Tihe Mauri Ora! E te Rangatira, Rakiihia, e te Iwi Ngāi Tahu, me koutou katoa e huihui nei, tēnā koutou mo te Whakatau ki ahau, ki tēnei hui whakahirahira. Kia ora tātou katoa. To the Leader, Rakiihaia, to Ngāi Tahu, and all gathered here, thank you for the welcome to me, to this important gathering. Greetings to you all.
I want to specifically acknowledge the Directors of the Canterbury Swim School – Huia Mikara, Chris Hurley and Jenny Jones; Cr Jimmy Chen from the Christchurch City Council, representatives from the project team and builders.
Thank you for inviting me here to open the Waitaha Aquatic Centre. Opening a new facility is a special occasion because it indicates the hard work of people in preparing for the future. And both hard work and realising a vision for the future is particularly special here in Christchurch.
Before opening this Aquatic Centre, I would like to speak about its importance in the context of learning to swim.
New Zealanders love to swim. It is one of the top three recreational pursuits for New Zealanders. Some people swim for sport and competition. Some people swim to keep fit and healthy. Most of us swim because it is fun!
Having fun around water; whether that’s at a swimming pool, at a lake, or at the sea; is something all New Zealanders can do. Almost every town has a pool, and everyone is less than an hour’s drive from the sea or a lake.
New Zealand has produced some of the world’s best swimmers - athletes such as Danyon Loader and Sophie Pascoe. We have produced some of the best multisport competitors, such as Hamish Carter and Andrea Hewitt. And we have produced some of the world’s best rowers, sailors, surfers, surf-lifesavers, water skiers, divers and canoeists.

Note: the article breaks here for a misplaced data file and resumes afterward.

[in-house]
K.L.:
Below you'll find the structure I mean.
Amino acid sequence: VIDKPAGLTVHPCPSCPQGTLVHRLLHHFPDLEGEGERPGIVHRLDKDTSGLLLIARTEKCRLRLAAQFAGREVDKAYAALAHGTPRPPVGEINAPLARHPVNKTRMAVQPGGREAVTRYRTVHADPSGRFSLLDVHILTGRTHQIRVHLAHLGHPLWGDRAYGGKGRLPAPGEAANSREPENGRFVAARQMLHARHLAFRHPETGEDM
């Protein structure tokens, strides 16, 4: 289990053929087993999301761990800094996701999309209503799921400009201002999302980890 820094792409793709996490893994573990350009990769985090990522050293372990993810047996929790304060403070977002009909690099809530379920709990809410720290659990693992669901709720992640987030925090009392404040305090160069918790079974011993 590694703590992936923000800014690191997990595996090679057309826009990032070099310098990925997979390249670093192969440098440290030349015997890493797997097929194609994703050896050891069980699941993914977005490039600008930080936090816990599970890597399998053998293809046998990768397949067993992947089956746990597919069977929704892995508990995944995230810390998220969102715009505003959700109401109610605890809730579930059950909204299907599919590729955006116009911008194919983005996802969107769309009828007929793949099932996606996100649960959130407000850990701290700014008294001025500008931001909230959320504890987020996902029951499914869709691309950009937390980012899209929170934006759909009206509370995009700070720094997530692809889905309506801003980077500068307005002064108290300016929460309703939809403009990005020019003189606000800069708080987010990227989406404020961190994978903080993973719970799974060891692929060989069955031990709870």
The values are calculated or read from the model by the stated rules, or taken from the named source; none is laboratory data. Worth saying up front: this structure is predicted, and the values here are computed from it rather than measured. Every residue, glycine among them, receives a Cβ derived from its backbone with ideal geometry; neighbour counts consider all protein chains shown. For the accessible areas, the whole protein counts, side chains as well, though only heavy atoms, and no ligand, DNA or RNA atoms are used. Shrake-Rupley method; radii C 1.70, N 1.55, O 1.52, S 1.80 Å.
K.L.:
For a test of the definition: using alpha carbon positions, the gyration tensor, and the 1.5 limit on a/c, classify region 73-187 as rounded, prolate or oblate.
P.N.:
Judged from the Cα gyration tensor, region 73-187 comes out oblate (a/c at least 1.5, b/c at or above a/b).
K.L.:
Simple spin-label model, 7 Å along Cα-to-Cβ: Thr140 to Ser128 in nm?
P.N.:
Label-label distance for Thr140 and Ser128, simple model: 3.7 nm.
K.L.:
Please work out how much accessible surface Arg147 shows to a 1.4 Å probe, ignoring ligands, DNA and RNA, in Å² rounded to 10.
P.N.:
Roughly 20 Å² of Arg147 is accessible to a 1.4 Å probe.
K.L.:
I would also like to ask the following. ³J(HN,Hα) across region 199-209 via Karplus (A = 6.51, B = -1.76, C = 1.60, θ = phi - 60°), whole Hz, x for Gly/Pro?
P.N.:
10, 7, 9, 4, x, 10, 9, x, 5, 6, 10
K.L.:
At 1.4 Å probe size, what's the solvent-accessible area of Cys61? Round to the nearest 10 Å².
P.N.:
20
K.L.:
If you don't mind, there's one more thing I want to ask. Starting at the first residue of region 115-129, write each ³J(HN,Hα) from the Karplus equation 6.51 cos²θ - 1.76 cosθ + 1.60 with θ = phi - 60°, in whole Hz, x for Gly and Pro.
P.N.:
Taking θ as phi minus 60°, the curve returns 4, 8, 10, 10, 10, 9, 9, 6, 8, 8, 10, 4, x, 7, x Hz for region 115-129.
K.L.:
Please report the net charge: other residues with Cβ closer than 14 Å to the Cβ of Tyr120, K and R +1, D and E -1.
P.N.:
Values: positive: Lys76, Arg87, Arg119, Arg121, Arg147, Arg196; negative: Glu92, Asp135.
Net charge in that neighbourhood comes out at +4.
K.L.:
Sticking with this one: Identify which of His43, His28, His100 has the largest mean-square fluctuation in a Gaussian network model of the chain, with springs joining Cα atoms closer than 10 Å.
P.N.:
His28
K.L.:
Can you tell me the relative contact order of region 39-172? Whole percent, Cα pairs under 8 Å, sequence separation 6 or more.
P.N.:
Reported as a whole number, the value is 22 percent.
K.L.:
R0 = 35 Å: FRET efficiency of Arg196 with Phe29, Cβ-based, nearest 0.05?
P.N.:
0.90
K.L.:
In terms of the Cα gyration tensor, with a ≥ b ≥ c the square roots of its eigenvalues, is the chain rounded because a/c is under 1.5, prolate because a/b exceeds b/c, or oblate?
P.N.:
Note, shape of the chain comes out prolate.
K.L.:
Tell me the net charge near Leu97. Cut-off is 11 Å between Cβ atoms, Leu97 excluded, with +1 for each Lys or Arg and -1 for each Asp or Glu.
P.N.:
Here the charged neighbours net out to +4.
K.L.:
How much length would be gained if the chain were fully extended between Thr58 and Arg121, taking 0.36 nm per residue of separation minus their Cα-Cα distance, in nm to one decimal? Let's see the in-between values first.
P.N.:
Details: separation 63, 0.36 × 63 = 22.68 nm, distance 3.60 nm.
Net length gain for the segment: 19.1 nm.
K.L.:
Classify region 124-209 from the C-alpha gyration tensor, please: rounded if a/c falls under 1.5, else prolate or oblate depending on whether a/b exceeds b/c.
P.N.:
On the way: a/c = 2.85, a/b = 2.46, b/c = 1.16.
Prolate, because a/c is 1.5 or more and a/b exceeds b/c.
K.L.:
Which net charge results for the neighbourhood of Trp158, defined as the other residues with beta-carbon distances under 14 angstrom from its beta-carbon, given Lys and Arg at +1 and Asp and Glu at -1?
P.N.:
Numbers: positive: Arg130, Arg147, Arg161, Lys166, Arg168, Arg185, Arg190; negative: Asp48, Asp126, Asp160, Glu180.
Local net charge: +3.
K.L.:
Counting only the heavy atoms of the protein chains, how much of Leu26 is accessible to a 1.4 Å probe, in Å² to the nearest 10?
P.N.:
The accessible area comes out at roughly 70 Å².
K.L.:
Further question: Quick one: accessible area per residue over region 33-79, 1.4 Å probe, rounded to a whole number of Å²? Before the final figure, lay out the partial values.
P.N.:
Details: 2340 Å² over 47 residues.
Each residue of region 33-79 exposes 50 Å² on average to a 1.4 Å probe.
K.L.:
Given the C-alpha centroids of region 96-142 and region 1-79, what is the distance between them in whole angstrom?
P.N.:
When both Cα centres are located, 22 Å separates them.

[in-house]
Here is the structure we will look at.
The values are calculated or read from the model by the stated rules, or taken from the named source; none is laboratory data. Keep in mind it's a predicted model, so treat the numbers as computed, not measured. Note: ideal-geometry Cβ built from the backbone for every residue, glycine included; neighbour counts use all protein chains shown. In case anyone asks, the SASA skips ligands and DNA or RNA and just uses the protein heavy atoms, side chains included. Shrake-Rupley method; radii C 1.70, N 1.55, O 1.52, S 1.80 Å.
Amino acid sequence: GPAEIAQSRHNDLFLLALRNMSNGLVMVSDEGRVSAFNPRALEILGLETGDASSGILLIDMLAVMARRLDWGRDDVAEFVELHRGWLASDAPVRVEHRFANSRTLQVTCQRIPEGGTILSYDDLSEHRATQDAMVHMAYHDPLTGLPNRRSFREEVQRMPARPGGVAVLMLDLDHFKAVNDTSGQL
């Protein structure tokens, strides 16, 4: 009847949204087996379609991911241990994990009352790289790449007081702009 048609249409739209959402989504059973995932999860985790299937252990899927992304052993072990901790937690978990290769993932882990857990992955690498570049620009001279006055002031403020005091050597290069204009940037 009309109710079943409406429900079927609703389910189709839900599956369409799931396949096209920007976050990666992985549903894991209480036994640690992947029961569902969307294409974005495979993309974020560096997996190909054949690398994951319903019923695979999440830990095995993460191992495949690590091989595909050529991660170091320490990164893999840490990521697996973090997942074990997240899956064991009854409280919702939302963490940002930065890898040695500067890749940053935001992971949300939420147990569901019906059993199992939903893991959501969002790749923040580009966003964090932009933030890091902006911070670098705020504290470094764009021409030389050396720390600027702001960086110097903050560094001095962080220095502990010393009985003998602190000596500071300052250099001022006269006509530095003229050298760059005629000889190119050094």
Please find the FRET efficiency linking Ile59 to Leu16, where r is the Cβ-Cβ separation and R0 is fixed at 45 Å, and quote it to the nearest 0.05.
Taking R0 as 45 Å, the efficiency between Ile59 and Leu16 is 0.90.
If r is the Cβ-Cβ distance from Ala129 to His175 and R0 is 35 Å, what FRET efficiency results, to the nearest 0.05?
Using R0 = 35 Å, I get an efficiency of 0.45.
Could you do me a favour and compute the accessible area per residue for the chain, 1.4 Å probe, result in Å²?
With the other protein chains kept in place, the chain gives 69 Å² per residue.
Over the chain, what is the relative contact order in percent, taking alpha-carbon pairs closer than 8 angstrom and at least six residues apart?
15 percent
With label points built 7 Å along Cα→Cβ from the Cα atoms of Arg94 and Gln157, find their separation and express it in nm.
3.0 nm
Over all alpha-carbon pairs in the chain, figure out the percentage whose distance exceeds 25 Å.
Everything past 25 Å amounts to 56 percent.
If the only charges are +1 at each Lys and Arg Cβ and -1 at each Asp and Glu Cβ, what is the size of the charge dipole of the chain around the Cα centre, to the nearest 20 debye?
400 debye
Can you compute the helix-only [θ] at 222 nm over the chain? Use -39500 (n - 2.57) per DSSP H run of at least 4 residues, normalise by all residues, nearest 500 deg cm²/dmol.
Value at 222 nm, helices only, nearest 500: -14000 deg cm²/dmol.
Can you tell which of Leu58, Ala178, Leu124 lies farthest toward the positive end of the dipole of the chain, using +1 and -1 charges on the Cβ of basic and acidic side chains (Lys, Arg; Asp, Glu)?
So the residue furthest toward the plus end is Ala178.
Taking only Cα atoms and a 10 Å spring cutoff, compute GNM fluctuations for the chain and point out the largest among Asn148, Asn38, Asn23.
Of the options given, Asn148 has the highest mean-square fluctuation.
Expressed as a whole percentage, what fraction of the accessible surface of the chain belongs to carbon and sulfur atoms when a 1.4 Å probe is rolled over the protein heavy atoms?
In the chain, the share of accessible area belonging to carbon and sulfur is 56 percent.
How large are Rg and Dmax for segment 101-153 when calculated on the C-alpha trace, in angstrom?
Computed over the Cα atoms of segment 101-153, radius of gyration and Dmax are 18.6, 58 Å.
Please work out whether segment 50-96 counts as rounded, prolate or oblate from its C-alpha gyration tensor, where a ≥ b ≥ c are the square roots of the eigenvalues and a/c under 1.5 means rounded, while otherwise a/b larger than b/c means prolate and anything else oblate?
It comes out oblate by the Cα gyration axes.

All of our water sports success has started at a pool where the basics of learning how to swim and how to best enjoy being in and around water has been instilled. Despite this, for every two or three fun days at the beach, by a lake or river or in the pool, there is a day of tragedy.
Accidents in water happen. However, being confident and competent around water reduces that risk. It is never too late to learn to swim. Learning to swim competently is good for the body, good for the mind and good for the community.
While swimming is good for us, pools in this city took a battering in the 2010 and 2011 earthquakes. Some pools have been closed permanently. And that’s why I’m pleased to be here to open and celebrate the Canterbury Swim School’s new Waitaha Aquatic Centre.
With the limited number of pools on the western side of the city, it will be a great place for people of all ages to learn, enjoy and excel in, and on, the water. A place where a future New Zealand water sports hero can learn to swim.
The combination of a 25m lane pool, with five or six lane configuration, as well as a 10m by 10m learner’s pool means there is no excuse for anyone living nearby not to learn to swim. It will be a great asset to this community.
In the context of Christchurch and Canterbury, this aquatic centre carries a greater importance. This aquatic centre demonstrates “a community’s investment in its community” – people investing in people. After all the upheaval this city has suffered with the 2010 and 2011 earthquakes, it is impressive to see that individuals, organisations iwi and the wider community are prepared to invest in community facilities. The directors of the Canterbury Swim School are to be congratulated for being prepared to invest in the construction of this new multi-million dollar facility.
This new aquatic centre is a testament to the determination, resilience, foresight and community -mindedness of the people of Christchurch and Canterbury. As Governor-General I want to congratulate everyone involved in bringing this new aquatic centre to fruition.